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## Monthly Archives: June 2013

The description on Wikipedia is ok, but here’s more.

Marching cubes is all about filling the space with cubes, and “cutting the cubes” by triangles if the isosurface cuts through the cube.

This talk by Shewchuk is great to help understand what an isosurface is, etc.

Now, there’s all this talk about 256 possible cube configurations. What’s that about.

Well the cube has 8 vertices. Pretend being inside the isosurface means the vertex is “wet”. Assuming the cube could dip in and out of the isosurface on any of those 8 vertices, means there are 2^8=256 possible configurations for the vertices to be “wet” (inside the isosurface).

The case where the cube is “completely dry” is when no vertices are inside the isosurface. If I put one corner in the isosurface, then one vertex is “wet”. But wait! There are 8 ways that “one corner” can be wet, because there are 8 corners on a cube. So each of the 8 corners can be in one of 2 states (“wet” or “dry”), means there are 2^8 possible configurations for the corners to be wet and dry. This actually boils down to just 14 cases if you exploit symmetry (ie consider the case of “one vertex being wet” as one case, not 8 cases).

This is easier to understand if you look at a square. So there, we have 4 vertices, so 2^4=16 cases. case 0 is “dry”. case 1 has 1 vertex wet, and there are 4 symmetric cases. Case 2 has 2 adjacent corners.. etc. Just look at the diagram.

I can’t count the number of times extremely difficult mathematese was made understandable via a quick diagram.

All academics should take COMIC DRAWING as a course in university. The reason is, to be able to express themselves via diagrams and symbols, actors and examples, rather than just relying on words and the jargon of their field.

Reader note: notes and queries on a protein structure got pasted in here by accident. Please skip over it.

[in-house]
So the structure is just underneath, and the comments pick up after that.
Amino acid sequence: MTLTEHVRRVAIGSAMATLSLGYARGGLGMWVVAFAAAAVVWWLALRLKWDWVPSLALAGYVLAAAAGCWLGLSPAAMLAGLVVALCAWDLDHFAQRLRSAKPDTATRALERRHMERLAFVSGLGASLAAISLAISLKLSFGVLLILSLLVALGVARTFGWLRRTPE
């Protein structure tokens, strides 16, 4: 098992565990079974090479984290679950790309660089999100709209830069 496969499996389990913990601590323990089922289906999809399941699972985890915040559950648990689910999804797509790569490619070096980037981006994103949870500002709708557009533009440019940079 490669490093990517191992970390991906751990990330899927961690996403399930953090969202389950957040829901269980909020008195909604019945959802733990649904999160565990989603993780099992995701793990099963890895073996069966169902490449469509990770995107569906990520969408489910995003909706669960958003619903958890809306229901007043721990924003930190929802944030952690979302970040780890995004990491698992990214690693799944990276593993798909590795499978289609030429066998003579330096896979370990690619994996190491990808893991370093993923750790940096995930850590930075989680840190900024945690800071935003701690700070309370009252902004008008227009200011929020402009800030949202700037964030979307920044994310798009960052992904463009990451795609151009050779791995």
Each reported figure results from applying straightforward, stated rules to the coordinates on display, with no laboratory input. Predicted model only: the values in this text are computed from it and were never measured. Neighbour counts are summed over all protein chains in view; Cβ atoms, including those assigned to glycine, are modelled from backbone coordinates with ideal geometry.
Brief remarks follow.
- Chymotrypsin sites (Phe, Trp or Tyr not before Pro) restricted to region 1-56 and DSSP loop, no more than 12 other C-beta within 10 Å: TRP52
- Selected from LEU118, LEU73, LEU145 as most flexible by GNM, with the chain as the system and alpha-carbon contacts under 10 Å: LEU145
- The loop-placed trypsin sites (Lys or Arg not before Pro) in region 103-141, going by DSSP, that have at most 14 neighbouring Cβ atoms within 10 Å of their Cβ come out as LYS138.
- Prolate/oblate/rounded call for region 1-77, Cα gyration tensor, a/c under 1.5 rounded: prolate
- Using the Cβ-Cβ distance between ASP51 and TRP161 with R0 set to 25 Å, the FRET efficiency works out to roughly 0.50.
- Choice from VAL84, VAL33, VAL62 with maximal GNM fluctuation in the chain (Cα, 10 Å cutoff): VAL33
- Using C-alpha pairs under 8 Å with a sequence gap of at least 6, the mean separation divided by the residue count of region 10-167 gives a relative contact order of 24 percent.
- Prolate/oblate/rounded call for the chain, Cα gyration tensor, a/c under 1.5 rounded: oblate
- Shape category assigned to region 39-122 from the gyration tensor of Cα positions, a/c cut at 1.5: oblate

Well, a surprising result, never use your extern variables inside a function that runs before main.

Here’s an example:

In the header:

```//extern test.  the externs are giving 0's.
struct Vector4f
{
float x,y,z,w;
Vector4f():x(0),y(0),z(0),w(0){}
Vector4f( float ix, float iy, float iz, float iw ) :x(ix),y(iy),z(iz),w(iw){}
} ;

extern Vector4f Red ; // This is the weird variable..
```

In the main.cpp file:

```
static map<char, Vector4f> initMapping()
{
map<char, Vector4f> mp ;
mp.insert( make_pair( 'r', Red ) ) ;

for( auto &p : mp )
printf( "%c: %f %f %f %f\n", p.first, p.second.x, p.second.y, p.second.z, p.second.w );
return mp ;
}

//Vector4f Red(1,0,0,1) ; // if this is here, Red has (1,0,0,1)
map<char, Vector4f> colorMapping = initMapping() ;
Vector4f Red(1,0,0,1) ; // if Red is only given its value HERE, when the static ctor runs, Red will be (0,0,0,0)

int main(int argc, const char * argv[])
{
for( auto &p : colorMapping )
printf( "%c: %f %f %f %f\n", p.first, p.second.x, p.second.y, p.second.z, p.second.w );
}

```

So those 2 declarations of `Vector4f Red` (without extern qualifier) in the cpp are the issue here. If the compiler runs into the `Vector4f Red(1,0,0,1) ;` BEFORE running `SomeStruct::initMapping()`, then the mapping has the correct value for Red in it. If the compiler first runs into `Vector4f Red(1,0,0,1)` only __after__ running `SomeStruct::initMapping()`, then the value of Red inside the map would be all 0’s.